Marriage. Marital agreements were sometimes contracted by parents on behalf of children still in the cradle. Because the land could not support a large population, measures were taken to control the birth rate. A woman could not marry before the age of 20 and could not bear a child in the first four years of marriage. After each birth she was to wait at least three years before having another child. Premarital pregnancy was considered so shameful that many women faced with it have resorted to suicide.
Even though marital alliances might be contracted while the principals were still children, there is up to the present day a practice of symbolic abduction. The young man, bringing gifts and escorted by his friends, visits the home of the woman's parents, where a banquet is held. The young woman, feigning resistance, accompanies the young man to his parents' house; she remains there for a while, although without any intimate contact with the groom, and then returns home. The actual wedding takes place five or six days later, presided over by the khutsesi (see "Religious Beliefs and Practices" and "Death and Afterlife"). The community gathers in the groom's home, and the couple pledge their troth by the hearth. They are symbolically joined by a thread placed around their shoulders. After the wedding the marital relationship proceeds with considerable restraint. The couple spends three days together, then the wife returns to her parents' home once again, where the man must go to visit her, for a certain period of time. Only subsequently does the couple live together in the husband's house. Once established in her husband's home, the wife is expected to subordinate herself to the diasakhlisi, the senior woman of the household, and perform the tasks she assigns. Should the extended family become too large, the husband can request his appropriate portion of the property from his father and establish a separate household. The bride brings a dowry, consisting of clothing, fabric, and livestock. Any increase arising from the dowry belongs to the husband; in case of loss he must make up the difference. Should the marriage be dissolved, the woman returns to her ancestral home; she can subsequently remarry. If it is the wife who leaves the husband—which rarely happens—she must render compensation. Any children from the union remain in the husband's household.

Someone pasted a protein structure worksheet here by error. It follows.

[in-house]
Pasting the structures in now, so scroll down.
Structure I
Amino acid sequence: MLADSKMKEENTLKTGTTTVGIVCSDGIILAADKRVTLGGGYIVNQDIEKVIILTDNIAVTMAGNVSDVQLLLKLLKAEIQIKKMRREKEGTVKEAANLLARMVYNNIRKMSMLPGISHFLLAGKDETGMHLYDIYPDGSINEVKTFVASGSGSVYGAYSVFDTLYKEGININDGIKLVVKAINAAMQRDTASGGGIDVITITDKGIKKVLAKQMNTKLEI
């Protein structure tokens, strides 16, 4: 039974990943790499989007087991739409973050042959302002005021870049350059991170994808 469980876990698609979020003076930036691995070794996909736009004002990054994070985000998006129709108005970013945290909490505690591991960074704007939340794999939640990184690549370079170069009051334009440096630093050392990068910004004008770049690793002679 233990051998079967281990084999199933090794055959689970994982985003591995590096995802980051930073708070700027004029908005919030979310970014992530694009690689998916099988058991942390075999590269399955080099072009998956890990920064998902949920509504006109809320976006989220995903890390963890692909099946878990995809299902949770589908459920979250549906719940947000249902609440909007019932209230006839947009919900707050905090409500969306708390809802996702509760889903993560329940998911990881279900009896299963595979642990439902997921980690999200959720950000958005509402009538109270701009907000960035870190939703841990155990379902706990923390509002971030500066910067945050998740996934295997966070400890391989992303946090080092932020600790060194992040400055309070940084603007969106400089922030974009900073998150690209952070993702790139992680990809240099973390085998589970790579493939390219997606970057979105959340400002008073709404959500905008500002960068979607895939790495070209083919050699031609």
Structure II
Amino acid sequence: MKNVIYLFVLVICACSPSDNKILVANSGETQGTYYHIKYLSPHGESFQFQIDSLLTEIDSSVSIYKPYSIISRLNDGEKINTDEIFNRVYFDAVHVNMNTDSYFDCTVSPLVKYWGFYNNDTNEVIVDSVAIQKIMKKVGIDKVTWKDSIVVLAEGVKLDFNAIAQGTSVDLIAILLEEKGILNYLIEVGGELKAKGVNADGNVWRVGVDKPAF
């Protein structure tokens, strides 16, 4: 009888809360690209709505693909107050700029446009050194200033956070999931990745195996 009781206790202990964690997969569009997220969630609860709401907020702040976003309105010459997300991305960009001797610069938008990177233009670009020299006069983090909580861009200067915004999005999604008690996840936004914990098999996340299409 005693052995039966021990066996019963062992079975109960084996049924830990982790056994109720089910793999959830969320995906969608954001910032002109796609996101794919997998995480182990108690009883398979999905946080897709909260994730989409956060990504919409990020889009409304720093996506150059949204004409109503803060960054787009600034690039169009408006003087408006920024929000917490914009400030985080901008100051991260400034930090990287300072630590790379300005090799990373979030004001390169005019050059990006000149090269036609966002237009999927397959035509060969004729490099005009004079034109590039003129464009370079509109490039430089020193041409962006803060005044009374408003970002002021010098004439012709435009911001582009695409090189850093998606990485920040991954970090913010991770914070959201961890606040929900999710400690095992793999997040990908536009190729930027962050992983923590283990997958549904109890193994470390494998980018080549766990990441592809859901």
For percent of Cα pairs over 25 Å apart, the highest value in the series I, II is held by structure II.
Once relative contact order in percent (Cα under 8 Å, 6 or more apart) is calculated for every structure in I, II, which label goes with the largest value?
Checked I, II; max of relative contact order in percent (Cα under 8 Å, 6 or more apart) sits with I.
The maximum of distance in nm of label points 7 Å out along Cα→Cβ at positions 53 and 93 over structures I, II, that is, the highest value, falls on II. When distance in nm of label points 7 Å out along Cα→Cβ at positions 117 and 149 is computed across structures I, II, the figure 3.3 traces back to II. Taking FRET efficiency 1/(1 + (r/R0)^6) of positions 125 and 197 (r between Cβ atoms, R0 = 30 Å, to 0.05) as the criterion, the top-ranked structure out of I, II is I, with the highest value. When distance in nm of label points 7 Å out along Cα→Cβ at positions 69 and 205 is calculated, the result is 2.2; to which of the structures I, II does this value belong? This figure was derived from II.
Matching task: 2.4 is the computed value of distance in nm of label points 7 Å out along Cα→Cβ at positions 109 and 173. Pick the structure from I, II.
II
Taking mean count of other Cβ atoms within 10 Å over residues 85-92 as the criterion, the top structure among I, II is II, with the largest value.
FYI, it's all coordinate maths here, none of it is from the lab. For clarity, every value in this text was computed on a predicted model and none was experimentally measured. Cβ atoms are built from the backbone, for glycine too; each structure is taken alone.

Inheritance . The property of a man is inherited equally by his sons; his widow receives nothing. The sons are therefore responsible for her well-being. A mother's possessions are divided among the children, with clothing and fabrics going to her daughters.
Socialization, Traditionally, a pregnant woman and her family would be excluded from community events. When it was time to give birth she had to leave the village and repair to a shabby childbirth hut (sachekhi ). Only in case of a difficult delivery could she have others to assist (relatives would attend her). All objects used by her were considered unclean and could not be used within the household. The birth of a son was welcomed more than that of a daughter. The father of a baby boy might entertain guests with beer and vodka for an entire week. In the nineteenth century a woman might have been confined to the hut for a month after the birth of a child and would come out only after a thorough purification, after which the hut was burned down. The birth was then announced to the community, and all invited guests would bring gifts and attend a banquet. Should a newborn die within seven weeks of birth, traditional practice dictated that the body be smeared with a mixture of ashes and water and then buried. Only after seven weeks would a child be given a Christian baptism. Despite the fact that much time was devoted to the raising of children, public displays of affection toward children were avoided and coddling only took place within the home.